Road Safety News
 

'Named Rider' launched on 2 March

Friday 2nd March 2012

The third phase of the THINK! ‘Named Rider’ campaign was launched on 2 March by Mike Penning, road safety minister.

The £1.2m campaign, which will until 31 March, will utilise TV, radio, outdoor advertising on petrol station forecourts, and the THINK BIKER Facebook group.

The TV adverts will show bikers with flashing neon signs attached to their bikes. The signs show the rider’s name and information about them such as ‘shy retiring type’ or ‘new dad’. The voiceover at the end asks drivers to look out for motorcyclists next time they are out driving.

The campaign was informed by research showing that drivers are more likely to notice motorcyclists on the roads if they know a biker themselves. The creative strategy, which was first launched in March 2010, aims to ‘humanise’ bikers, so they are more meaningful to drivers.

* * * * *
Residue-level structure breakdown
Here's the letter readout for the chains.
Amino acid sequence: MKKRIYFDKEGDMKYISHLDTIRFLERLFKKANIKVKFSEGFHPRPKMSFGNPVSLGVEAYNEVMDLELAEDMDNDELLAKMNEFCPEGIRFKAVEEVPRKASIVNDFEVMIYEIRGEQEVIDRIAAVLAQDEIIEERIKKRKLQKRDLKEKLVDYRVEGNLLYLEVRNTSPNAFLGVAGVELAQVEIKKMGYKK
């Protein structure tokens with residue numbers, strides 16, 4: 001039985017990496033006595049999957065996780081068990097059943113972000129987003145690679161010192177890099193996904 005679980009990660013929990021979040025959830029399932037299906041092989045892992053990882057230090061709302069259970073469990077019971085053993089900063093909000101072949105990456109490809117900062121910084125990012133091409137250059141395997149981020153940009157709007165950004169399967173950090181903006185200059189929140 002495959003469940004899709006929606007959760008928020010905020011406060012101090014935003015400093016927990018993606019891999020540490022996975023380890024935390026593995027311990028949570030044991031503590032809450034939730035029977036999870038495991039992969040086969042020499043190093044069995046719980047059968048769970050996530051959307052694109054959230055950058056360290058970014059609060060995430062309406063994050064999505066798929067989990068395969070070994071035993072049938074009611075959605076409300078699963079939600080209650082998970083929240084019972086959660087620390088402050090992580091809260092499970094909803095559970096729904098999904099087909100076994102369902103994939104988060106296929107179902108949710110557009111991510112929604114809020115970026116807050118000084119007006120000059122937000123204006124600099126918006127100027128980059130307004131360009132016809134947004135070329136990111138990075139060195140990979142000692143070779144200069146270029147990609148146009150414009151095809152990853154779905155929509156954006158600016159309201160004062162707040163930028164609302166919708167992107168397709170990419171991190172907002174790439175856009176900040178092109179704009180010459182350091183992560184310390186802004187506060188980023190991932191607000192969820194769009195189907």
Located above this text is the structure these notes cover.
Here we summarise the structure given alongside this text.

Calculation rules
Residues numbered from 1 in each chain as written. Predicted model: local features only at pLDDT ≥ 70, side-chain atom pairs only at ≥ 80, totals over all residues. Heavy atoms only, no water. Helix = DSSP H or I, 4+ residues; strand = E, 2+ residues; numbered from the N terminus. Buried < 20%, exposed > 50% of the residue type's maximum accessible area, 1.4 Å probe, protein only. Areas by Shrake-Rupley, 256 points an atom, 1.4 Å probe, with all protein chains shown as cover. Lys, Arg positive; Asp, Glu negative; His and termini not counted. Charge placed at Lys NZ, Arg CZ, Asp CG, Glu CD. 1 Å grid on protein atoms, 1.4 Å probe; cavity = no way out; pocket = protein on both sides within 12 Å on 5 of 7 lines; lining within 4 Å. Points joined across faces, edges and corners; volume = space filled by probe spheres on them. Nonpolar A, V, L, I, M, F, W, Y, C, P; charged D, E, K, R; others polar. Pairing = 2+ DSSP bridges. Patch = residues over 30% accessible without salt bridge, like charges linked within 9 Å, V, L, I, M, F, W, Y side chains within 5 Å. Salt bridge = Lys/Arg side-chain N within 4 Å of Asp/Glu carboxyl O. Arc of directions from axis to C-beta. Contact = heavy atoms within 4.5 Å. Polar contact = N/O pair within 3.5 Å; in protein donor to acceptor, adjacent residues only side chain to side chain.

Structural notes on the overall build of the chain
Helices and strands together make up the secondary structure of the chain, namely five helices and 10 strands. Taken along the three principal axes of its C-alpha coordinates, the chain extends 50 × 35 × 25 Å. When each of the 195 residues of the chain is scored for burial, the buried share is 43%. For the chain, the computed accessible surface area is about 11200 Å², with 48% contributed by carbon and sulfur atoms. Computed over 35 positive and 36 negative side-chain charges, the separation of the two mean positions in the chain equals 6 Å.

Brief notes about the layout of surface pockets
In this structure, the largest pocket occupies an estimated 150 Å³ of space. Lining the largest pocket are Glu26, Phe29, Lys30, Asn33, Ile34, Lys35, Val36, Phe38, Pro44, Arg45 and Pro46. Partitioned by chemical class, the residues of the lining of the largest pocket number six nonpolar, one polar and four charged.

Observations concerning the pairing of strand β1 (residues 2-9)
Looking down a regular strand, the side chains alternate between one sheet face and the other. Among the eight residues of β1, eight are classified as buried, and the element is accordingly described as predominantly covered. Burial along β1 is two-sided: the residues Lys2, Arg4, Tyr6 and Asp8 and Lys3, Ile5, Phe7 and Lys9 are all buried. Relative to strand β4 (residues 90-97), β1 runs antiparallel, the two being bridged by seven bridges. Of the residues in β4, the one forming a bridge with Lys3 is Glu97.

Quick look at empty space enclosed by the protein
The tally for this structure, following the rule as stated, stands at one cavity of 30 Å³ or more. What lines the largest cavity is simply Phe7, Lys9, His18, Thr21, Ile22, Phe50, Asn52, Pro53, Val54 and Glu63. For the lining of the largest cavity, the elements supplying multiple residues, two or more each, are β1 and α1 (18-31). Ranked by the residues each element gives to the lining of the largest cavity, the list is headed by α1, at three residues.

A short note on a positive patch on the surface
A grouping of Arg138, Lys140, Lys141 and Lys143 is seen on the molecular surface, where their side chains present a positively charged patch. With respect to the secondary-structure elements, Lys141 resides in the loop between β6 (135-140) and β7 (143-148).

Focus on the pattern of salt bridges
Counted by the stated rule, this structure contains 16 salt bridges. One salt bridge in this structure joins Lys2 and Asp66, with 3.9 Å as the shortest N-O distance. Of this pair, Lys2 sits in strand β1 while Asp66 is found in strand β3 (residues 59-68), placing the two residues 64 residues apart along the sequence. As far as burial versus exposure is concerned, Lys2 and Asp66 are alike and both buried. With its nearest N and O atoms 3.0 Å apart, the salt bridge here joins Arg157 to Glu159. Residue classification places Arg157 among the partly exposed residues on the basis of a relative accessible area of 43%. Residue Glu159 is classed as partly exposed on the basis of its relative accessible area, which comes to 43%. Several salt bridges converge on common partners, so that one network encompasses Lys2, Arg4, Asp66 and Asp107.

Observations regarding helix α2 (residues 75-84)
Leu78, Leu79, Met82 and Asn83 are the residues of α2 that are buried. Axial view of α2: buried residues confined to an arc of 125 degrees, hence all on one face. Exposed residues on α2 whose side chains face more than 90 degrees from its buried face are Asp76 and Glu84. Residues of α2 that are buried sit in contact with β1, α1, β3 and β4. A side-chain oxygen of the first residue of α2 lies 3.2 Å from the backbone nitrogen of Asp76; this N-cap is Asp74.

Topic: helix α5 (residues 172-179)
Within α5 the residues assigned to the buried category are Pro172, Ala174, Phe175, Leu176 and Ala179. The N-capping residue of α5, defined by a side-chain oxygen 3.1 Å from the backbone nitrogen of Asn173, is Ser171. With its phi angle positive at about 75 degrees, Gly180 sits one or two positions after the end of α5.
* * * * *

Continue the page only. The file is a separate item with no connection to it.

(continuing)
The adverts put motorcyclists at the centre of the campaign in a bid to tackle their over-representation in road casualty figures. Despite only accounting for 1% of traffic, motorcyclists make up 22% of deaths on Britain’s roads.

Mike Penning said: “As a biker myself I know how great motorcycling can be but as road safety minister I know that the statistics show bikers are tragically over-represented in road casualties and I want to see this number come down.

“The campaign I am launching today aims to get drivers to think again about how they look at bikers when they’re out on the road. I hope this will help to reduce the number of bikers killed and injured in crashes with cars.”

Commenting on the launch of the campaign, Neil Greig, IAM director of policy and research, said drivers should be ‘ashamed’ of the statistics. He said: “Sorry mate I didn’t see you isn’t good enough. 75% of motorcycle injuries in towns and cities are caused by crashes at junctions – most are down to drivers simply failing to see an approaching biker when they pull out.

“Drivers should be ashamed of these statistics and take responsibility for the role they play in the safety of innocent bikers.”

Click here to read the full DfT report.

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